The Canadian Association of Orthodontists recommends an orthodontic evaluation as early as age 6 or 7. The first permanent molars erupt at this age, allowing for an assessment of the relationship between the upper and lower teeth. A variety of dental problems can also be detected.
The orthodontic examination can also detect skeletal problems as well as some functional problems of the jaw.
The x-rays taken during the orthodontic examination are very revealing of the future position of the teeth. For some children, it will be necessary to intervene as early as 7 years of age, while for others, the intervention will be done at the most opportune time according to their growth pattern.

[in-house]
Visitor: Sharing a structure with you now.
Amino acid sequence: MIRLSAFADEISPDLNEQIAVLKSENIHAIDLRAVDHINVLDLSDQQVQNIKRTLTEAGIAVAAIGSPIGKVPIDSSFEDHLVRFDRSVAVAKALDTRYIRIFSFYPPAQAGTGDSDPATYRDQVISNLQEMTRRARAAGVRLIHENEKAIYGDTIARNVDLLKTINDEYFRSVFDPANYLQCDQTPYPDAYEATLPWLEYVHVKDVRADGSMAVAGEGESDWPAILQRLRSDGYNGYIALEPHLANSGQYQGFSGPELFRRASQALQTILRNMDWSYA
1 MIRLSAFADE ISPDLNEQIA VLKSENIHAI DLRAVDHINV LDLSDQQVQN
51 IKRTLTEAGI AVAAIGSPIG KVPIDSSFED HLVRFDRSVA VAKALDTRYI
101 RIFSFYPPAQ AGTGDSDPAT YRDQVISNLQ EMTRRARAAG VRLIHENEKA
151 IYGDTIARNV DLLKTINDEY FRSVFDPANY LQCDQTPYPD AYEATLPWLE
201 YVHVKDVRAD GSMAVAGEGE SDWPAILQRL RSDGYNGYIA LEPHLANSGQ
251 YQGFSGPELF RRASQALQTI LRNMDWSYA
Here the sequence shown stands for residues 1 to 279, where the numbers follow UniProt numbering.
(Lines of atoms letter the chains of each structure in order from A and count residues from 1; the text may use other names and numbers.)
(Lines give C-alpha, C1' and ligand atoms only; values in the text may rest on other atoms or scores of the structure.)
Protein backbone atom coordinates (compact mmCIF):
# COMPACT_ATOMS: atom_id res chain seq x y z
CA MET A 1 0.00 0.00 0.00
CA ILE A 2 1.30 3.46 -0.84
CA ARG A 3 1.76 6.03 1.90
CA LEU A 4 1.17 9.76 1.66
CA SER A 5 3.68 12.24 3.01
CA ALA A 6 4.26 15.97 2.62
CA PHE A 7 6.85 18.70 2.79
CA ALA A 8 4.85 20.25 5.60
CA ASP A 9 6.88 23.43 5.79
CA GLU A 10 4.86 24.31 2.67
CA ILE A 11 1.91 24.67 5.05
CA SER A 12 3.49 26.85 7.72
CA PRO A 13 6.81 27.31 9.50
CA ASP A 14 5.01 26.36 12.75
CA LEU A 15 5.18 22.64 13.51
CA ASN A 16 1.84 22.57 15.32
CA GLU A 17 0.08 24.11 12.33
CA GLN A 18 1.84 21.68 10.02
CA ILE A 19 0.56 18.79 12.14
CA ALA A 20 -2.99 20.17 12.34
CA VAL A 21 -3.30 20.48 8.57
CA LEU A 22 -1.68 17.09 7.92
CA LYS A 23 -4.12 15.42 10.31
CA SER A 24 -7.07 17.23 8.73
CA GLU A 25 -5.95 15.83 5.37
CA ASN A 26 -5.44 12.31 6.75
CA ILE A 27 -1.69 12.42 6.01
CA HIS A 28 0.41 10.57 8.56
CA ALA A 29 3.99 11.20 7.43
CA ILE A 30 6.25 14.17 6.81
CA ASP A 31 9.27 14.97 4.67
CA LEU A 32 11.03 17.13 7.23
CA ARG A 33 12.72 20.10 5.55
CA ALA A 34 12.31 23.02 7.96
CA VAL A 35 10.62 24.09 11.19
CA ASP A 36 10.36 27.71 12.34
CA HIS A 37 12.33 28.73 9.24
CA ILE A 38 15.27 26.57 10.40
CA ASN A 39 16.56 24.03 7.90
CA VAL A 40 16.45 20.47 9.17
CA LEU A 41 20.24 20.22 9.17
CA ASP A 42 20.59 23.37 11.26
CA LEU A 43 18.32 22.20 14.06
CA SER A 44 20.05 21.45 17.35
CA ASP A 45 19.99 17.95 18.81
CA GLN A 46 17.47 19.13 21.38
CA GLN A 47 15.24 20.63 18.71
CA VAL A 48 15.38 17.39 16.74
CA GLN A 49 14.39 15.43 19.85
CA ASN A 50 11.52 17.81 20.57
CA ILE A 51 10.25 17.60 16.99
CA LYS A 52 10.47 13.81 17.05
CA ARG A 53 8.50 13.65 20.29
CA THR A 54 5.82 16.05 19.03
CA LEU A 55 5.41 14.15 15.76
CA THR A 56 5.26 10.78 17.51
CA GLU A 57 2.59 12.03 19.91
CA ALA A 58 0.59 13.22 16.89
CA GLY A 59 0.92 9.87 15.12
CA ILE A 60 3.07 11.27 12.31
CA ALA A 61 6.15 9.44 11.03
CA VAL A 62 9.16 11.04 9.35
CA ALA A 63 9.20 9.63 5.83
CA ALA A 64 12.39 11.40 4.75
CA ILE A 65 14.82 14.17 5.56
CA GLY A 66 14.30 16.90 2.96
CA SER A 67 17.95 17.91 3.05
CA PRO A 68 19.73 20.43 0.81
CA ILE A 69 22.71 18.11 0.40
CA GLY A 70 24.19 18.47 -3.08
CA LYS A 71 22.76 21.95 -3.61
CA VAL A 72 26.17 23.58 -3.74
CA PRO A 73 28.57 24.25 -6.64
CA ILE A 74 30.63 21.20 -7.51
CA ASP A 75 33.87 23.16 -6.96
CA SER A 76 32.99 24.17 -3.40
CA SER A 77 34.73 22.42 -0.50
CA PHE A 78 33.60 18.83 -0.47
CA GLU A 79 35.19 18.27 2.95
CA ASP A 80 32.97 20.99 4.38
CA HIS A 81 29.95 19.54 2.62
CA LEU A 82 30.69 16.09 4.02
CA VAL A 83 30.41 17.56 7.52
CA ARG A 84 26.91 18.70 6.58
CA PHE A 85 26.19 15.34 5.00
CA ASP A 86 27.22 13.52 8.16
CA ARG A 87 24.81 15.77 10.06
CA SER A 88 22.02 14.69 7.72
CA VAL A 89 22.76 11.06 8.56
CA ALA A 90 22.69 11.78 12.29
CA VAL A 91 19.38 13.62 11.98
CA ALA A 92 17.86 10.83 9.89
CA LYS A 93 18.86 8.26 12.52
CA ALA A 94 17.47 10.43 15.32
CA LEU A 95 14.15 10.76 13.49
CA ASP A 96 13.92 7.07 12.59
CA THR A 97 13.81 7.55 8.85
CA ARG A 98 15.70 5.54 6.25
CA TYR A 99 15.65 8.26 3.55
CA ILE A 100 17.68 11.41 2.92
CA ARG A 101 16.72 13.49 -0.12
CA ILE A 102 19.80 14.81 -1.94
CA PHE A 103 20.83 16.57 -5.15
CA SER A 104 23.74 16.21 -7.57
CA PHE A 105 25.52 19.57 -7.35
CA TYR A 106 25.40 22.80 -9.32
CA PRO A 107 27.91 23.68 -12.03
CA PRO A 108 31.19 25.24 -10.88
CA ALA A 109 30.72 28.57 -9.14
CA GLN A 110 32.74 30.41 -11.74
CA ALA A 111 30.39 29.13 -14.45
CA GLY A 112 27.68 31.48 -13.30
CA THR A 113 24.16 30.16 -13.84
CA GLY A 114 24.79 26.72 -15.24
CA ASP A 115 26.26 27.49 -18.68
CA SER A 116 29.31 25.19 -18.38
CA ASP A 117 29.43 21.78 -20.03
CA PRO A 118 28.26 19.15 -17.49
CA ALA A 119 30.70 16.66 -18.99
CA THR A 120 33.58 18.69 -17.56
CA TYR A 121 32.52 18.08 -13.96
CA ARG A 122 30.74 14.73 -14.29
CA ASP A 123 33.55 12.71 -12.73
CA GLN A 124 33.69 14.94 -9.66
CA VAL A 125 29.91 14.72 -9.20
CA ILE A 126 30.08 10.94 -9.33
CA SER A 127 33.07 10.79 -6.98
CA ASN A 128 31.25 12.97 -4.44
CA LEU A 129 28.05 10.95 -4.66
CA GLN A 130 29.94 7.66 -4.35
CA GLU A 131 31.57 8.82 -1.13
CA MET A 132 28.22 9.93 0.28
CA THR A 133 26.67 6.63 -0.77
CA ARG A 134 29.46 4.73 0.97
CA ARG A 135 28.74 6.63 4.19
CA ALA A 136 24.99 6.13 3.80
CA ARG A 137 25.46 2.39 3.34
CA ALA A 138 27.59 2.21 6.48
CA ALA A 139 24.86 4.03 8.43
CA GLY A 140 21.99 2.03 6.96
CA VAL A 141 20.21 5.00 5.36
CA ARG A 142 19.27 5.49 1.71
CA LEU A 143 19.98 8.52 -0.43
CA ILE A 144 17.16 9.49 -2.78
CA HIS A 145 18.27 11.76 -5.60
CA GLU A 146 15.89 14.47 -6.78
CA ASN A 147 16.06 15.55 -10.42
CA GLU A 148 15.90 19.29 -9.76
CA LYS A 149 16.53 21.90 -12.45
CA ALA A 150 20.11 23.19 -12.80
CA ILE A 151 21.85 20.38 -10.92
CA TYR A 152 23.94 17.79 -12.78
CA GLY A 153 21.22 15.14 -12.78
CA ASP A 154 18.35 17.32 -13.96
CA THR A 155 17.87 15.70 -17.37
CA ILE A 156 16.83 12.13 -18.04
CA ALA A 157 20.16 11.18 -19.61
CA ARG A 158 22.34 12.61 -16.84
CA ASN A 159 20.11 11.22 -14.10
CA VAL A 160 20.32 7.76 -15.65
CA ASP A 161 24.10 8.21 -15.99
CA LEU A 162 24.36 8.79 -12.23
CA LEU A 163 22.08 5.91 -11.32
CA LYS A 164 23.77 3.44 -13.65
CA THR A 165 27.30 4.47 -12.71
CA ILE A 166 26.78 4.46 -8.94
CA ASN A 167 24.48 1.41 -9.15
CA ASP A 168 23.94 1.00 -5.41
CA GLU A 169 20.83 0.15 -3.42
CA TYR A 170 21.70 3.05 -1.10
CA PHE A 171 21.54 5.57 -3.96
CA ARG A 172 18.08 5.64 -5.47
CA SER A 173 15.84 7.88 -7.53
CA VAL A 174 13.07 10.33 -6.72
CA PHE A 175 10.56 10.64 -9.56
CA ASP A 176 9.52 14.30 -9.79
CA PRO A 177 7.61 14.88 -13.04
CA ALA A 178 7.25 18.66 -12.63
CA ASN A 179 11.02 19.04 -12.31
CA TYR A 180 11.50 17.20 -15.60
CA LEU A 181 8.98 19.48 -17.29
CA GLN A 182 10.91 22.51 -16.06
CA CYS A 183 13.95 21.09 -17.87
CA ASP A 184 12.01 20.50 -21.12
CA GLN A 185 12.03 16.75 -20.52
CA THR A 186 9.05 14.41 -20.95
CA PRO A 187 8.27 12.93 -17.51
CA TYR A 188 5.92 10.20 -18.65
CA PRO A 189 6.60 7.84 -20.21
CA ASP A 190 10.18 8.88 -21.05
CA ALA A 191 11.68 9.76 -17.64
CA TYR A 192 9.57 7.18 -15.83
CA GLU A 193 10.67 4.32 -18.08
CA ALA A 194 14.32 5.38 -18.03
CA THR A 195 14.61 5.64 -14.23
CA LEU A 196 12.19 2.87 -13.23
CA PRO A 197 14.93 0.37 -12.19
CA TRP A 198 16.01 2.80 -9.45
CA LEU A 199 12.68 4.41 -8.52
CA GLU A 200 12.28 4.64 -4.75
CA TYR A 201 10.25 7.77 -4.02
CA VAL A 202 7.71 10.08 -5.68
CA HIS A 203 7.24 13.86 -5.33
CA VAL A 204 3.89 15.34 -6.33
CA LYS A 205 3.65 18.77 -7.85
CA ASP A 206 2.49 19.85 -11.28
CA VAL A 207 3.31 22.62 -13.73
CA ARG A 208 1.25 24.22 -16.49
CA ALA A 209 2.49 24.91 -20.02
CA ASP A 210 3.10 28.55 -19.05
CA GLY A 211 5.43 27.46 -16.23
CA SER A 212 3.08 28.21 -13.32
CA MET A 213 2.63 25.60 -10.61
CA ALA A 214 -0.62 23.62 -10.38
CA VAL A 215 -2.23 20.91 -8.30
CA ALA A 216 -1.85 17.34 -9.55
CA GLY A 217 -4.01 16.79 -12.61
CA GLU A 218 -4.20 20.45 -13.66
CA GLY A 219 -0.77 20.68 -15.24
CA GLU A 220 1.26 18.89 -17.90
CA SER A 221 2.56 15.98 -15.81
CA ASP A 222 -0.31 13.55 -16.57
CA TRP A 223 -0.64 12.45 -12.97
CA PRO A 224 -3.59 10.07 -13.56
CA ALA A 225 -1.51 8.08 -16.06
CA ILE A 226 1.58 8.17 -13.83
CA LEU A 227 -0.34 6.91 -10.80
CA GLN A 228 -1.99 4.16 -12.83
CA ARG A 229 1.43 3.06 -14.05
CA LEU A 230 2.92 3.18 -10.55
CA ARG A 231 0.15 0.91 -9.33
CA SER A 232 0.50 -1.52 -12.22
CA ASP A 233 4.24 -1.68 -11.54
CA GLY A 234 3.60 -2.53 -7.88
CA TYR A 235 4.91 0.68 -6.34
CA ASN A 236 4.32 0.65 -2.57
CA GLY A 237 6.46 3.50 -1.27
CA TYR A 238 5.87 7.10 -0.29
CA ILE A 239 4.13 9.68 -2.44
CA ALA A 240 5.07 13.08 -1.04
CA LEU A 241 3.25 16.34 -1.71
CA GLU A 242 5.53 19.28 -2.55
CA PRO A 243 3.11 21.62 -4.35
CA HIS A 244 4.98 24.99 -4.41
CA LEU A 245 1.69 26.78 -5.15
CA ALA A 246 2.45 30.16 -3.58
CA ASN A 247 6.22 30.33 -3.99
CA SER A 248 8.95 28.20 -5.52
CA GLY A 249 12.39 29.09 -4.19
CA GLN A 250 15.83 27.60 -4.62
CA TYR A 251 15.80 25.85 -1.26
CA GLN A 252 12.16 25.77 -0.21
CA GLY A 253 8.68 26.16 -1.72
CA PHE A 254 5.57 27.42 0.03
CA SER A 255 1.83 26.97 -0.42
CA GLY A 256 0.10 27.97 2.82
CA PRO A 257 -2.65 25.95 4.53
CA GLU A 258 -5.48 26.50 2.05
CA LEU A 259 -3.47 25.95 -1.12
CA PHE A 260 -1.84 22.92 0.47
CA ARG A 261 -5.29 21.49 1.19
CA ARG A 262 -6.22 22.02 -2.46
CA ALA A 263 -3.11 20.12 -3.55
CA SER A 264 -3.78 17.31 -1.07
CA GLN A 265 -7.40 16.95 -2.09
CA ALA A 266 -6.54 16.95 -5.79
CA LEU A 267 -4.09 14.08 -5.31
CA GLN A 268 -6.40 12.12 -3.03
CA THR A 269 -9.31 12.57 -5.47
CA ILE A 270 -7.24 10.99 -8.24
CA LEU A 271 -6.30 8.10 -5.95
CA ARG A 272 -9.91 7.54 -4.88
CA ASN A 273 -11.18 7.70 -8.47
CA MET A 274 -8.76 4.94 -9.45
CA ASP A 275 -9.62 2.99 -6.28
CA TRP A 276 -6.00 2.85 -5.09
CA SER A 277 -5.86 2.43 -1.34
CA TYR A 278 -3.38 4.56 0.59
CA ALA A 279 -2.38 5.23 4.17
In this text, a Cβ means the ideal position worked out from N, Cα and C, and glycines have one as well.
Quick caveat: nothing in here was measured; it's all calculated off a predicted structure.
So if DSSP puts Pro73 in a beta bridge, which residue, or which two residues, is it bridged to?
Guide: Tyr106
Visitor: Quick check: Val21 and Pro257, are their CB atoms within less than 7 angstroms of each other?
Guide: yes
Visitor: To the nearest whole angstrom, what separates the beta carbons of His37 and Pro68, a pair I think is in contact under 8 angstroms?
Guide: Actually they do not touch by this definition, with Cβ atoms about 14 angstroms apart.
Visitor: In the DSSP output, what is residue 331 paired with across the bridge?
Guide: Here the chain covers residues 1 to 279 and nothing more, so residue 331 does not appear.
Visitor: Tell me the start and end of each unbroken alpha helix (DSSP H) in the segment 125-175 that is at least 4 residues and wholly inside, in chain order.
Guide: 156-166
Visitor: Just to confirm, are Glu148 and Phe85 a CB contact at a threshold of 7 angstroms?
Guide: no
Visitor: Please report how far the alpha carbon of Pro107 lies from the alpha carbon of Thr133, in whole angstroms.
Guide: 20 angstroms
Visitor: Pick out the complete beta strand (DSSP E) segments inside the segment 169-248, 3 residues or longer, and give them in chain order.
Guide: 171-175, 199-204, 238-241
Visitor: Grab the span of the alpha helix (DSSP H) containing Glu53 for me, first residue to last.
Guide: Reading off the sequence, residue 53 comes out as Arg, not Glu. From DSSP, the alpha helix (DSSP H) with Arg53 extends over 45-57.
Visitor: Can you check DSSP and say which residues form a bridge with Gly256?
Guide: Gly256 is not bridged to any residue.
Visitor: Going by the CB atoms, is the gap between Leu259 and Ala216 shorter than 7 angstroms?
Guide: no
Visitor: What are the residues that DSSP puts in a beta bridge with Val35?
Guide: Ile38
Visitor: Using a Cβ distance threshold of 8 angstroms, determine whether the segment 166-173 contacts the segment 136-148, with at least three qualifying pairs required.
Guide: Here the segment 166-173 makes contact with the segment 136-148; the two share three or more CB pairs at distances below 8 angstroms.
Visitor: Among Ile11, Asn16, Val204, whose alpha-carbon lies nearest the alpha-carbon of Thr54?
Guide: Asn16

Orthodontic treatments may involve two phases:
Phase 1 often consists of wearing a palatal expander, retainer, orthodontic separator, removable or fixed appliance. These appliances allow for additional jaw growth and create space for the permanent teeth. For some children, only phase 1 is necessary.
In other cases, a second phase is necessary: fixed orthodontics. This is commonly called “braces”. This phase, the duration of which is determined according to the complexity of the treatment, can take two forms: traditional brackets made of metal or ceramic, and evolving transparent shells. Phase 1 is optional. In fact, it is possible to use only phase 2.